Russian U.S. adoption ban angers children's advocates
ADAMS -- Deb Mendel feels blessed to be raising her two sons, once among the hundreds of thousands of Russian orphans waiting for a stable home life.
The local pharmacist adopted Andrey, 8, and Nikolai, almost 7, when they were 18 months old living in an orphanage in Ufa, 725 miles southeast of Moscow.
While the adoption process was lengthy and expensive, Mendel said it has been a joy to watch her boys grow up happy and healthy.
"In a minute, I would go back and adopt another child," she said.
Any thoughts of Mendel and other U.S. citizens adopting Russian orphans have been rendered moot thanks to Russian President Vladimir Putin. On Friday, Putin signed a law, approved by Russian Parliament, banning Americans from adopting Russian boys and girls, abruptly terminating the prospects of 52 youngsters preparing to join new families.
The law, effective Jan. 1, is in response to a measure signed into law by President Barack Obama earlier this month that calls for sanctions against Russians assessed to be human rights violators.
The adoption ban has angered children’s advocates in both countries, claiming it victimizes children to make a political point, cutting off a route out of frequently dismal orphanages for thousands.
"It’s awful," said Mendel. "[Russian leaders] are only thinking of their political selves and not the future of their children."
U.S. State Department spokesman Patrick Ventrell expressed regret over Putin’s signing the law and urged Russia to "allow those children who have already met and bonded with their future parents to finish the necessary legal procedures so that they can join their families."
Russians historically have been less enthusiastic about adopting children than most Western cultures. UNICEF estimates that there are about 740,000 children not in parental custody in Russia while about 18,000 Russians are on the waiting list to adopt a child. The U.S. is the biggest destination for adopted Russian children -- more than 60,000 of them have been taken in by Americans over the past two decades.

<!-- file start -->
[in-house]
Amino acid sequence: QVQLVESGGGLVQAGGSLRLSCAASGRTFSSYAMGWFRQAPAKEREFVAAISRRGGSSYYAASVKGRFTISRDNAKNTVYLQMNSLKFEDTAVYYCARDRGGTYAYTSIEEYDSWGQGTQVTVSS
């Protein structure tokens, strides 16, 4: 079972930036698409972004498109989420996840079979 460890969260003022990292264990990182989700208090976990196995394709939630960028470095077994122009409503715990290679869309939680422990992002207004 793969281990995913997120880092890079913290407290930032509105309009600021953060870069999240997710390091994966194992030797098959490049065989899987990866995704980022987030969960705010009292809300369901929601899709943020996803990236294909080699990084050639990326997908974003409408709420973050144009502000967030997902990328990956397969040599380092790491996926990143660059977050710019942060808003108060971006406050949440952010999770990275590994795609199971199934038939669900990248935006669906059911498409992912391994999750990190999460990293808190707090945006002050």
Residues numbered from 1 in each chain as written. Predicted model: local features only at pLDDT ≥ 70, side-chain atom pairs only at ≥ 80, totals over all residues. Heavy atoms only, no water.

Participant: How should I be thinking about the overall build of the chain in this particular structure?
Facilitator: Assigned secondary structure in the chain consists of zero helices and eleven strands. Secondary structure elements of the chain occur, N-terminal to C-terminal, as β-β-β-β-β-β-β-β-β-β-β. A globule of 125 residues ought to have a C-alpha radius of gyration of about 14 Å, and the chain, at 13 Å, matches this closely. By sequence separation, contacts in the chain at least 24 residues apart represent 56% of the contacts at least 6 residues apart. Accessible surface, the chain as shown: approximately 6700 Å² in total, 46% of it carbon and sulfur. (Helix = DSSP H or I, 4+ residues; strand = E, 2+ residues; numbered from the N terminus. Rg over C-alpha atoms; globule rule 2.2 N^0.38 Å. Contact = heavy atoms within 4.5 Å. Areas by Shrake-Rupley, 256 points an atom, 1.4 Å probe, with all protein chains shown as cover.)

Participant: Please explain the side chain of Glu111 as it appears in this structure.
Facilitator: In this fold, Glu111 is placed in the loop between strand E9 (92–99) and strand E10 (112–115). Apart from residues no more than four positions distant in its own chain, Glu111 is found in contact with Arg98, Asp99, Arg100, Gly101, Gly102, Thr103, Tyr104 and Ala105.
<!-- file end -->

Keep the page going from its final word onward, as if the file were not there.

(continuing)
Mendel cited how Andrey and Nikolai, emotionally and physically behind American children at 18 months, have thrived since leaving Russia. Andrey and Nikolai are third- and first-graders respectively at St. Stanislaus School in Adams, who get along well with their classmates. She noted they are now old enough to understand and embrace the fact they came from halfway around the world.
"We celebrate ‘Happy Adoption Day’, marking the occasion when they came home with me," Mendel said. Andrey was adopted in December of 2005; Nikolai May of 2007.
In addition, Mendel wants her sons to be proud of their Russian heritage. For example, on Jan. 7 they mark the festival of Father Frost, Russia’s version of Santa Claus, in addition to celebrating an American Christmas on Dec. 25.
"I also wanted them to know who they are, so I made sure they kept their Russian names," she noted.
Material from The Associated Press was used in this report.
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